Live Review: Patrick Watson at Lincoln Hall


Only six months has passed since Montreal-based musician Patrick Watson last visited Chicago. On his second visit,  he returned to Lincoln Hall to a completely different crowd. Months ago the crowd was half the size, composed of people who were mostly unfamiliar with his music. This time the hall was filled to capacity. People were singing along with Watson word for word for nearly every song. This was Watson’s second time touring through the U.S. in one year and, by judging by the crowd’s reaction, it was obvious that his last visit had made quite the impression.

Watson’s performance was brilliant, with his painstaking facial expressions illustrating the songs’ emotion, exhausting every bit of energy stored in his body to sing melodiously. His voice was impeccable and, when accompanied by the sweet harmonies of the violinist, the songs were that much more breathtaking. The lighting was intricate with the installations flickering glimpses of the stage, making for a delightful suspense that matched the music magnificently.

Watson was in usual form with his nonsensical banter as he giggled behind his grand piano, like a child at a circus just watching in amusement, as the band came together on stage. Even the bassist Mishka Stein, who usually stands in the back corner, acquiesced to join the band cuddling up front and center.

Watson took to the floor a couple of times during the set; first during the beautiful rendition of “Into Giants” from Adventures In Your Own Backyard (Secret City Records). He went from the microphone to the floor as the violinist played a quick interlude, and again when the guitarist, Simon Angell, shredded it up for a few minutes. Watson sat cross-legged, drink in hand with his eyes closed, smiling and shaking his head to the ferocious riffs and quips spilling out of Angell’s Fender Stratocaster. The percussion was impeding and insistent. The drummer, Robbie Kuster was surrounded by instruments, from glockenspiels to xylophones to random utensils like a toothbrush, a spoon and brass ring to name a few.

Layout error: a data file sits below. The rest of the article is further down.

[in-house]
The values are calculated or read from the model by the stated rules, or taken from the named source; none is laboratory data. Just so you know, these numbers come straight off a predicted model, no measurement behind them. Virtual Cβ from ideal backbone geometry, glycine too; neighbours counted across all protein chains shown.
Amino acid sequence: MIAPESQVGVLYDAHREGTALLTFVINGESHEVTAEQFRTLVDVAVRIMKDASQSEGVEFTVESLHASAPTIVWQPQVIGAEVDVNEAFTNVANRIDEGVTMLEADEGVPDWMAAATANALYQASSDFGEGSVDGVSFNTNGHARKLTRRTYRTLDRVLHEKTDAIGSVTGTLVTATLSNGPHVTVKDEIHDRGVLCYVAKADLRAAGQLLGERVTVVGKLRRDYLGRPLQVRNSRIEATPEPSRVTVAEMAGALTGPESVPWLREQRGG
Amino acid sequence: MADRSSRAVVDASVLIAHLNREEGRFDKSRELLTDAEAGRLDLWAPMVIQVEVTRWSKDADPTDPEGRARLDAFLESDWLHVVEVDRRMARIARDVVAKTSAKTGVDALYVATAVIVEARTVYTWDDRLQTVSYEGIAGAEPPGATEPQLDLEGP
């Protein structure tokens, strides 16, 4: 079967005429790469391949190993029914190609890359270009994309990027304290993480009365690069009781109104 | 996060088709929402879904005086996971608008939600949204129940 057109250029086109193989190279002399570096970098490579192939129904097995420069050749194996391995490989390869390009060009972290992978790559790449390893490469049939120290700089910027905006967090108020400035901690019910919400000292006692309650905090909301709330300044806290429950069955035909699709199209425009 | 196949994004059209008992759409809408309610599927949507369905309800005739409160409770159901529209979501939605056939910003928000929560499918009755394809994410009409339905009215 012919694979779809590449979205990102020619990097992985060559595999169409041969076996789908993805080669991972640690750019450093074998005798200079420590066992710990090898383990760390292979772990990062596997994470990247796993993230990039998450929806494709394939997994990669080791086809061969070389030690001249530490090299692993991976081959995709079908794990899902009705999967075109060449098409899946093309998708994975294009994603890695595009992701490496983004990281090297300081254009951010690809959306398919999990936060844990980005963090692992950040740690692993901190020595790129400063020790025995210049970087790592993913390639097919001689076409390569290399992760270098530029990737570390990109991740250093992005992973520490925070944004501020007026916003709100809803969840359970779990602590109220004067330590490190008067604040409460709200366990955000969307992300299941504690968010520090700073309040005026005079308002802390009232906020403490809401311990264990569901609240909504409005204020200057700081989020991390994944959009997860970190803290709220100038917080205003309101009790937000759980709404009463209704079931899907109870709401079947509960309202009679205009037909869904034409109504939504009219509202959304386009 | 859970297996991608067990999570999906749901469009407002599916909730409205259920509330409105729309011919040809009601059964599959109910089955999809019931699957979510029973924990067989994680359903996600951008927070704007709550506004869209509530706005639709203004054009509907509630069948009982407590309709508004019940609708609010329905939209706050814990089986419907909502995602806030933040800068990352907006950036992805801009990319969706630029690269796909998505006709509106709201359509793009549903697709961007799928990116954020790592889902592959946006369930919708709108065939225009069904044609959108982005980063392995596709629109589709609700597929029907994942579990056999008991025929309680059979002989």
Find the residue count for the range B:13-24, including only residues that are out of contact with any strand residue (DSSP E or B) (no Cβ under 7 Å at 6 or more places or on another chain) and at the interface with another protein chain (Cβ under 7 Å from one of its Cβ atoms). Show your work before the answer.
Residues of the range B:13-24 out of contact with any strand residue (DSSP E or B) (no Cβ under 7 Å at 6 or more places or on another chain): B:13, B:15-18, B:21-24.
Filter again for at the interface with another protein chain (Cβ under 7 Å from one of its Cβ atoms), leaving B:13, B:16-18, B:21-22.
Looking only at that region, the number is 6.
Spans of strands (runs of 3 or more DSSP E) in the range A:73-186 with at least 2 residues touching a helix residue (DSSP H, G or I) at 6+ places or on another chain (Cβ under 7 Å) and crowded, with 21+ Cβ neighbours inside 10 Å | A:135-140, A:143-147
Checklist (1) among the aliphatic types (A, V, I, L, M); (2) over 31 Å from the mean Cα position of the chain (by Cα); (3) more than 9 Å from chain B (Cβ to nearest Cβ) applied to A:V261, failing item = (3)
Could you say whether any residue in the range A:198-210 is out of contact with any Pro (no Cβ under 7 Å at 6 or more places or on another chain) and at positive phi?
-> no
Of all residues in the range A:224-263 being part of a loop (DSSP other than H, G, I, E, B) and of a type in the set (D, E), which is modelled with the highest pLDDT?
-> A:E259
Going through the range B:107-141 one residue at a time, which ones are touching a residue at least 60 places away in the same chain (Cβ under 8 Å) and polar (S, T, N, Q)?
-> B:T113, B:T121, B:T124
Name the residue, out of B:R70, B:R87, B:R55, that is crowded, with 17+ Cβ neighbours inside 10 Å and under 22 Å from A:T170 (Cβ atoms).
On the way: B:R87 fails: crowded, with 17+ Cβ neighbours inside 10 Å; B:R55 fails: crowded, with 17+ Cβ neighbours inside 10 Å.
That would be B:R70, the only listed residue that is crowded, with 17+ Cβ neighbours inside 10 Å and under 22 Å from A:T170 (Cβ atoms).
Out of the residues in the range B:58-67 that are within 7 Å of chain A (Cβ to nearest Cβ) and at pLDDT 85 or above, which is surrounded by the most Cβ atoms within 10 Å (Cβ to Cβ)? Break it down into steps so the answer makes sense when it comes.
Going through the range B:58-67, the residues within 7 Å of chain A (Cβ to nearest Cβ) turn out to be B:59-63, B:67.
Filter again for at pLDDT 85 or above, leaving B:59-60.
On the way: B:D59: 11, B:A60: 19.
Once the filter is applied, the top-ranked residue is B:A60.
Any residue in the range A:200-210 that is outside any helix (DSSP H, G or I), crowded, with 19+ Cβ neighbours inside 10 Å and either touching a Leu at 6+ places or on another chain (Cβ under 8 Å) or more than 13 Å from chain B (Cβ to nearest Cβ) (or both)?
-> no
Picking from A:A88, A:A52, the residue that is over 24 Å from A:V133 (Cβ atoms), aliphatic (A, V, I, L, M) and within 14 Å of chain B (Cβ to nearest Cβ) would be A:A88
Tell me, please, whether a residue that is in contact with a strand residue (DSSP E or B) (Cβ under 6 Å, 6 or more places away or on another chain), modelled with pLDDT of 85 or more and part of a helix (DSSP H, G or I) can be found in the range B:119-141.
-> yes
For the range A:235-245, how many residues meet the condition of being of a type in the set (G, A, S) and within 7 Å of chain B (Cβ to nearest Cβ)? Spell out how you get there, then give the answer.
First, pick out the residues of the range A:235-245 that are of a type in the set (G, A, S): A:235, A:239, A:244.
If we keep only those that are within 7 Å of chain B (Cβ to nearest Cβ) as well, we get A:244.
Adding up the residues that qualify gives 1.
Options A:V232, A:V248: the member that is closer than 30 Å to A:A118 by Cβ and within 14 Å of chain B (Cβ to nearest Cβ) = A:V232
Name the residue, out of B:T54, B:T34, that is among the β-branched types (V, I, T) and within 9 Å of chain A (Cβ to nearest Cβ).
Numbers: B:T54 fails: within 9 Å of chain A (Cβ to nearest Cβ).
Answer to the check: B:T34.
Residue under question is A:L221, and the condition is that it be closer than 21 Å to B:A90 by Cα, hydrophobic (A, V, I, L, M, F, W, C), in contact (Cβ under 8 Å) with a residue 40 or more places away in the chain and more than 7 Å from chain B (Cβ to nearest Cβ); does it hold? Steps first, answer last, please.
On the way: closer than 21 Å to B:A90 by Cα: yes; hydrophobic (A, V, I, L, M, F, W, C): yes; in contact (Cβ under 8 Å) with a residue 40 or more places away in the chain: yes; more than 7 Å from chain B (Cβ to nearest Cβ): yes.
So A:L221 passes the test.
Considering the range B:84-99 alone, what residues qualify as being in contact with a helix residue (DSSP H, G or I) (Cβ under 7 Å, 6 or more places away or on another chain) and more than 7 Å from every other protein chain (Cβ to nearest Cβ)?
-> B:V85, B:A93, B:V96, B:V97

Watson came out for an insistent encore and played three more songs before he bowed bashfully to the crowd. “You know, I love it here. What a great city Chicago is.” He thanked a few other key players; one was the stand in guitarist Jeremy Ylvislaker (the lead guitarist in Andrew Bird’s band) for stepping in last minute and playing at the beginning of their set. The entire night was a foreshadowing of, what one can only imagine, should be an even more remarkable performance on his next tour through Chicago.

Set List

  1. Lighthouse
  2. Black wind
  3. Step Out For A While
  4. Quiet Crowd
  5. Words in a Fire
  6. Into Giants
  7. Instrumental
  8. Luscious Life
  9. Big Bird in a Small Cage
  10. Morning Sheets
  11. 11.Beijing
  12. Adventures in Your Own Backyard
  13. Noisy Sunday
  14. Where The Wild Things Are
  15. Sit Down Beside Me

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